Finding a Hybrid Solution
In cases of simple assault without weapons or serious injuries, a criminal defence lawyer can ask to drop the charges if the parties arrive at a mutual agreement. For example, someone could reasonably ask that a simple assault charge be withdrawn if they apologize to the victim and agree to seek counseling to help improve their behaviour going forward. .
Agreeing to a Peace Bond
A statutory peace bond is an agreement between the defendant and the Crown Attorney to withdraw the criminal charges as long as certain conditions are met.
A peace bond is not an admission of guilt, but it does formalize the alleged victim’s position. Essentially, by agreeing to a peace bond, the defendant acknowledges that the complainant had reasonable grounds to fear for their safety at the time and that it is reasonable for them to have fear going forward.
Going this route will avoid a trial and a potential criminal record. A peace bond often comes with a 12-month order with conditions such as:
- Exhibiting law-abiding behaviour
- Refraining from communicating with the individuals named in the order
- Avoiding the residence, place of business, or any other establishment that the individuals in the order frequent
- Forgoing ownership of weapons and firearms
- Attending anger management or other types of counselling
Getting a Conditional or Absolute Discharge
Discharges are a form of discretionary sentences that result from pleading guilty to a criminal offence but do not ultimately result in a criminal record. The principles of sentencing are addressed by the person’s character and personal circumstances, and balance those with gravity of their offence.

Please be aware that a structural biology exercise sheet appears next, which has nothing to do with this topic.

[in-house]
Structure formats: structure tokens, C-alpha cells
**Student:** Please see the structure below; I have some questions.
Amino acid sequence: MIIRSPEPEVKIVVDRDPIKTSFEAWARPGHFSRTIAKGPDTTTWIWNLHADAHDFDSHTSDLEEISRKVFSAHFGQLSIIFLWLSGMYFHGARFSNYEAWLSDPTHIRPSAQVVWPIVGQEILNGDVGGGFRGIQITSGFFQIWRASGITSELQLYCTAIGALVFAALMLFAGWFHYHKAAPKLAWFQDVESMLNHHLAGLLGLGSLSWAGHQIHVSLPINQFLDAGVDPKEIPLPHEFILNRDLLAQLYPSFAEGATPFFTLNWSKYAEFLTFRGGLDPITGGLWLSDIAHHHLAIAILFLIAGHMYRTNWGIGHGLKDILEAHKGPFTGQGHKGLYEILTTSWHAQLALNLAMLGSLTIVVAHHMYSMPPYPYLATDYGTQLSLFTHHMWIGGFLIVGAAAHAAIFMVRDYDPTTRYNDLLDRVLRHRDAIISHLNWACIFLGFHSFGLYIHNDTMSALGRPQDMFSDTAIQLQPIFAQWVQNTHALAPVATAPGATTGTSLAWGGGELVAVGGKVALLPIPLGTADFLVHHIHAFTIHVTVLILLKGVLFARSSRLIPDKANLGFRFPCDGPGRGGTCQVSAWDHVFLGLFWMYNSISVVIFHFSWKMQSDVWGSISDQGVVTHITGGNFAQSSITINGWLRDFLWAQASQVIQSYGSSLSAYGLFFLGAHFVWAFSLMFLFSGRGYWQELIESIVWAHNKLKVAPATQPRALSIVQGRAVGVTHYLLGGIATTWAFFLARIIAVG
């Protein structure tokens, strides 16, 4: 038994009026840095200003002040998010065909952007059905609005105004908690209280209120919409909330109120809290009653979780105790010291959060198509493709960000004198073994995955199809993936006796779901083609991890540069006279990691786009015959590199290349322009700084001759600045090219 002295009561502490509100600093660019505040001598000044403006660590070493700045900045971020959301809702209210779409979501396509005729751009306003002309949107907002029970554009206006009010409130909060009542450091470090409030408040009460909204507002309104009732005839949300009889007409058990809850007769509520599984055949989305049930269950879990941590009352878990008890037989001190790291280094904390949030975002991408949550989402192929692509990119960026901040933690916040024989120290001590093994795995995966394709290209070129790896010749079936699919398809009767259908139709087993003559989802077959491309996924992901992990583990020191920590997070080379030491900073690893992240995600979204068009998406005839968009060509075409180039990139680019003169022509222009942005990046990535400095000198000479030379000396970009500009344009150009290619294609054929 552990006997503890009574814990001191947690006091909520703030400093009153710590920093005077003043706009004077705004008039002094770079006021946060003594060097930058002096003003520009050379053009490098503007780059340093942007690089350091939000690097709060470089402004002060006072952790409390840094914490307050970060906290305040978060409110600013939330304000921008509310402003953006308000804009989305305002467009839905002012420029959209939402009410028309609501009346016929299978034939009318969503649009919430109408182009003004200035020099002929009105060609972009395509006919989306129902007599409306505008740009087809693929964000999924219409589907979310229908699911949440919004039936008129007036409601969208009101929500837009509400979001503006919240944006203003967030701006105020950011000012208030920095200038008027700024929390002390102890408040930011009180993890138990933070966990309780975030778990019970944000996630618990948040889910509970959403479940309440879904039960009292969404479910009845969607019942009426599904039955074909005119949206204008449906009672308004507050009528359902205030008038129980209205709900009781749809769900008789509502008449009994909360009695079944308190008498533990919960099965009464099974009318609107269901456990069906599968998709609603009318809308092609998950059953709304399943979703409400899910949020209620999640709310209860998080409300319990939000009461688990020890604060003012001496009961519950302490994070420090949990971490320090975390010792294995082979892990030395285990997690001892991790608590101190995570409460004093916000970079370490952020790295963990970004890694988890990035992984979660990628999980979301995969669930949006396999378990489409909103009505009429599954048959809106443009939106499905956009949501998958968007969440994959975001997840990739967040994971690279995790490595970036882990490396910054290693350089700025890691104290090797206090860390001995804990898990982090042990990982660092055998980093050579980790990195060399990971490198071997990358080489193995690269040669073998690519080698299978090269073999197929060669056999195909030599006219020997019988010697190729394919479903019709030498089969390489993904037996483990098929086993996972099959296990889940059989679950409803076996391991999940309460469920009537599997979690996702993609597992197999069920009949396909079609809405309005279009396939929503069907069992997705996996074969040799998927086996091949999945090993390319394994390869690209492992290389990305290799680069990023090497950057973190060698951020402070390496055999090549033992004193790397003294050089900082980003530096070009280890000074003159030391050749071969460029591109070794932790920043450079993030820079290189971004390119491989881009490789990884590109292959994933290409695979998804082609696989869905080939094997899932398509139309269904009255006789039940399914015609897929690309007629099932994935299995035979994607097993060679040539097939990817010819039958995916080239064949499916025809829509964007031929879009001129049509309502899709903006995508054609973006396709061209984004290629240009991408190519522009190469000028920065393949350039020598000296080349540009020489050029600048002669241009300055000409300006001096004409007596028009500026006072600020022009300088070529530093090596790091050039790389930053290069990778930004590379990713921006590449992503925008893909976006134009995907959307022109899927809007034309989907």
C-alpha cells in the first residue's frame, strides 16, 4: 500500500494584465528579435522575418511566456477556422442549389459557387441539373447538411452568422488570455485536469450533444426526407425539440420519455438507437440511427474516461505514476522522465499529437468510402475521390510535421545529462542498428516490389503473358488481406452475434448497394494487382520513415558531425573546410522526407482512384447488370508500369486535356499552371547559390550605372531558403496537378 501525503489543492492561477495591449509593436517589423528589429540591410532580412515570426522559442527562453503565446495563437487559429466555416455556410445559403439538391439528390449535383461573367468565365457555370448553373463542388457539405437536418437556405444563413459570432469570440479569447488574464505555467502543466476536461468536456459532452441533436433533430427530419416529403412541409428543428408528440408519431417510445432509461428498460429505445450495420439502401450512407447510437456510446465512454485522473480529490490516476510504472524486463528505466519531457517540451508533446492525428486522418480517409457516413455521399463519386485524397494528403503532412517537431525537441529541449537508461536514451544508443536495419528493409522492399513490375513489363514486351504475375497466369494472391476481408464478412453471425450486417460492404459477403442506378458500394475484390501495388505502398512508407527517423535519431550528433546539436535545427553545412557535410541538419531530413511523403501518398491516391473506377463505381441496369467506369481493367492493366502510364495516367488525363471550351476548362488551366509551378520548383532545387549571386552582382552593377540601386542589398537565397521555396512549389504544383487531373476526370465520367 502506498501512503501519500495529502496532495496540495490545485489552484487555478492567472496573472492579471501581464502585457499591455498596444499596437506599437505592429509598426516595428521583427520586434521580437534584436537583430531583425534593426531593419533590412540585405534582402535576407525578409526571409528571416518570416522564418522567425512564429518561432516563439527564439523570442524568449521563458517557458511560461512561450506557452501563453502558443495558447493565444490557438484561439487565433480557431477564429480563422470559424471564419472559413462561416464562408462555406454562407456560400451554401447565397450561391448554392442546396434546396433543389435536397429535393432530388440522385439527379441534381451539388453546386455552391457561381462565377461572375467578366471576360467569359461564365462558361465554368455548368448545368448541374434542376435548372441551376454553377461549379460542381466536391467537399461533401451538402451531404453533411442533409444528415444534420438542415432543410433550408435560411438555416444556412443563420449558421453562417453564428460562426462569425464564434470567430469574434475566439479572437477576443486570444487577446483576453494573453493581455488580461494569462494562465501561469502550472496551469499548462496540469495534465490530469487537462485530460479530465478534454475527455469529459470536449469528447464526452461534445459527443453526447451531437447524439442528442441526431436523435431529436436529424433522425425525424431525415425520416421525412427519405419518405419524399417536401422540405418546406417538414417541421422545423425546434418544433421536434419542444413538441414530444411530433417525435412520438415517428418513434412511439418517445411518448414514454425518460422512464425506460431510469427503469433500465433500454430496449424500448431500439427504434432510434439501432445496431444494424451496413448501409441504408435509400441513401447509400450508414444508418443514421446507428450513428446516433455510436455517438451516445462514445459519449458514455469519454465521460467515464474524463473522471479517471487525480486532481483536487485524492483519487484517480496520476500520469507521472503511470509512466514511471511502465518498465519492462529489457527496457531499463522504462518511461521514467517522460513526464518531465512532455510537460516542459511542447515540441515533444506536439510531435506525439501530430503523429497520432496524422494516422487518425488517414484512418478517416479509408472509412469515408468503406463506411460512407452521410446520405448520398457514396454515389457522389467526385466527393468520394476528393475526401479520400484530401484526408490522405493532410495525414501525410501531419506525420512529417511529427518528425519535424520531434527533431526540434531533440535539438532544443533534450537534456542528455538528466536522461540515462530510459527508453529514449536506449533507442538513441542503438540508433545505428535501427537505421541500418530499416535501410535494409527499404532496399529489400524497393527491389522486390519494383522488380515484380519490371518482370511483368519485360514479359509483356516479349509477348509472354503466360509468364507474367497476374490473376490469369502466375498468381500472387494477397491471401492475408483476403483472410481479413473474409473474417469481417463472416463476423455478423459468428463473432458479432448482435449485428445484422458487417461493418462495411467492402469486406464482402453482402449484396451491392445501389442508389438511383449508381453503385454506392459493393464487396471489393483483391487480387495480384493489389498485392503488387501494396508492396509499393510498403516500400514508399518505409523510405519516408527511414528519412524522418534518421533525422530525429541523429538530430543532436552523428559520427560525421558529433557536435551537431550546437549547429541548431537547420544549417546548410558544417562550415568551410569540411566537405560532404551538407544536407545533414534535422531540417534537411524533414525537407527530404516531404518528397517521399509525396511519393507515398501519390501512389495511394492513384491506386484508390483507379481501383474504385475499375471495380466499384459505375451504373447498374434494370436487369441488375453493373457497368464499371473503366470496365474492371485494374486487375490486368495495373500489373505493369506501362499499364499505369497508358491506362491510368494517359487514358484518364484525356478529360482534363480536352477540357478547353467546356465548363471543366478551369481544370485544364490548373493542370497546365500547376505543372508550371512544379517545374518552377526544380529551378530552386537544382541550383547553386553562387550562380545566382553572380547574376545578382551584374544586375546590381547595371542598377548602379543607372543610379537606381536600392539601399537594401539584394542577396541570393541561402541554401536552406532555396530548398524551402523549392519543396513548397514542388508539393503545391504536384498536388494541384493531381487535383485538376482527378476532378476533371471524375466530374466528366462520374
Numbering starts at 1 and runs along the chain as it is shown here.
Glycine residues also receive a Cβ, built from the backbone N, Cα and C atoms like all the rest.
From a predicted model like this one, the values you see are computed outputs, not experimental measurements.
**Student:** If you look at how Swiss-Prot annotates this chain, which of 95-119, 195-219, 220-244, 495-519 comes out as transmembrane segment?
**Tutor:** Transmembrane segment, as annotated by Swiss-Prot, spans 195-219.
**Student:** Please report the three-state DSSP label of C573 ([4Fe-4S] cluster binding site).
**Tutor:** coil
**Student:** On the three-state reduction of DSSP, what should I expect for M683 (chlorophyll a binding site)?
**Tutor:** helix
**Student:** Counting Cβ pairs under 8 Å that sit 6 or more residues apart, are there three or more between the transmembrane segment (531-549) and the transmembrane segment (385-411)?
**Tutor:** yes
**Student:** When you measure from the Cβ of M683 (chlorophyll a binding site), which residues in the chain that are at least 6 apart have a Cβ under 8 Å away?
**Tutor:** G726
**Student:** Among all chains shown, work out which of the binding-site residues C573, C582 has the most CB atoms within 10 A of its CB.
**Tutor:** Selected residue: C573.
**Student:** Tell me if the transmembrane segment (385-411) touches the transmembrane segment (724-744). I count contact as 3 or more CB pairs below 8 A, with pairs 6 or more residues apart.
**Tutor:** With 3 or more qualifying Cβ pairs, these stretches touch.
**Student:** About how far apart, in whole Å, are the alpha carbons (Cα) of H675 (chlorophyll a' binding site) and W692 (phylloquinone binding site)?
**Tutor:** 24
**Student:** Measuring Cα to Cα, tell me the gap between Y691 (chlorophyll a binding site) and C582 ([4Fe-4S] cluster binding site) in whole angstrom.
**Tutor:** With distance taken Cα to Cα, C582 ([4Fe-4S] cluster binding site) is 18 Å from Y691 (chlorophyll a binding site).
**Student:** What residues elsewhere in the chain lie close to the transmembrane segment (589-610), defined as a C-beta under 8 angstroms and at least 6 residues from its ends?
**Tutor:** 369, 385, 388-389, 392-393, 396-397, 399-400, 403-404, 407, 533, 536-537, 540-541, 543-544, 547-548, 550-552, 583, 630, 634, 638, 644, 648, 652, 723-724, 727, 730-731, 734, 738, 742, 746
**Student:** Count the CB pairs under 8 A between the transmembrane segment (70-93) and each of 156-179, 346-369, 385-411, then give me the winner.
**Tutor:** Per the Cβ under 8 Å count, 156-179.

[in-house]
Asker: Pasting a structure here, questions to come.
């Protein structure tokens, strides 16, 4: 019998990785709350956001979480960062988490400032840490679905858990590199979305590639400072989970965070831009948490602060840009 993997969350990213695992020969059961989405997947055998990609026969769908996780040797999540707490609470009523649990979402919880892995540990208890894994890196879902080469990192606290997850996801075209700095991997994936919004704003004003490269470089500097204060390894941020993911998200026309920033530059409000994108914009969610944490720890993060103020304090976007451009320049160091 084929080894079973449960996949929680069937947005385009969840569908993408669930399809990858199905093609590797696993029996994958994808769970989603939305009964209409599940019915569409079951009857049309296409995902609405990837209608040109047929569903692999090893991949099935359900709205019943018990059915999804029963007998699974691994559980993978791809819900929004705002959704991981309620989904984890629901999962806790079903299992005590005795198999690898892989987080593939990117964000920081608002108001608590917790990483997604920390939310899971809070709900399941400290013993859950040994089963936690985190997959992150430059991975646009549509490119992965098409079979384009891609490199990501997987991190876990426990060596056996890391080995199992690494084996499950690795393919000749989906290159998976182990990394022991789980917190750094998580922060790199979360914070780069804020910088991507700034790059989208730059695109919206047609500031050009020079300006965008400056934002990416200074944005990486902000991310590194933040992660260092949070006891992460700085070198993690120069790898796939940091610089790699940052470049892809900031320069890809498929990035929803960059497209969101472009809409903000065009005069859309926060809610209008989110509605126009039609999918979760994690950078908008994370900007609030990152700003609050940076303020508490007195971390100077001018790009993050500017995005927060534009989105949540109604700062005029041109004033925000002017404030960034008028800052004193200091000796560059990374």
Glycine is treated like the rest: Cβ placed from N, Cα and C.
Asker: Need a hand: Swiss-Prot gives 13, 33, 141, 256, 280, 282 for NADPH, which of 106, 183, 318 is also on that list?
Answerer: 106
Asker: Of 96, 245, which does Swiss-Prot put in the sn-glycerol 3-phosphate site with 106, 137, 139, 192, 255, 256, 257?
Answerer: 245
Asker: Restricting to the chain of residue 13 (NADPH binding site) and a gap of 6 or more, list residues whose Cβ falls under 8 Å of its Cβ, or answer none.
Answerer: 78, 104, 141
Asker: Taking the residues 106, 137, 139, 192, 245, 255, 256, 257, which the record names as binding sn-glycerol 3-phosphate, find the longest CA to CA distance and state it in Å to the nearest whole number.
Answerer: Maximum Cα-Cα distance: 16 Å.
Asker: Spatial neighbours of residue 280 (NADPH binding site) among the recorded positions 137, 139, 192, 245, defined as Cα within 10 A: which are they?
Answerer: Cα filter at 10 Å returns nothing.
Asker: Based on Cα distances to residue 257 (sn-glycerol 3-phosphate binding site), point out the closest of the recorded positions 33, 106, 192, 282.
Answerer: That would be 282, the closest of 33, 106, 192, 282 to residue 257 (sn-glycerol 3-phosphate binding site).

An absolute discharge is a sentencing option where there is an official acknowledgement of guilt, but no conviction is recorded and there are no ongoing court conditions. Essentially, an individual pleads guilty before a judge and the judge tells them they are free to go without a sentence. Often, Absolute Discharges are given to individuals where the crime is not too severe, and where conviction and further sentence would disproportionately impact the individual in relation to the wrongdoing.
A Conditional Discharge is similar to an Absolute Discharge but it will result in that individual agreeing to abide by conditions in a court order. If those conditions are followed for the length of the order, the individual is officially discharged without a criminal record.
A discharge does remain on a criminal record for one year, but after the year it is formally removed without any pardon or other application from the individual. Discharges are still present in some court systems and can be considered in future sentences, but they do not appear on a criminal record check.
How Sicotte & Sandhu Can Help
You deserve a lawyer that will consider every defence in your case.
At Sicotte & Sandhu, we carefully review cases for defendants of all ages and backgrounds to assess the merits of each case and present defendants with all the options at their disposal.
Assault charges can take many forms because of the variety of situations in which they can occur, which is why it is so important to find a criminal lawyer who understands the nuances of different assault situations to make sure that your side of the story is heard.
Understanding the context of the situation in which the alleged assault occurred is critical to choosing the best means of defence.
Even if you believe the alleged victim in your case does not want to proceed with charges, it is important to contact a lawyer to ensure you get the best possible result.
If you’re facing assault charges in British Columbia, our criminal lawyers will carefully explain each step in the process so that you can have confidence we’re doing our absolute best for you. Call 604-585-8898 to speak with a Sicotte & Sandhu assault lawyer for a free consultation.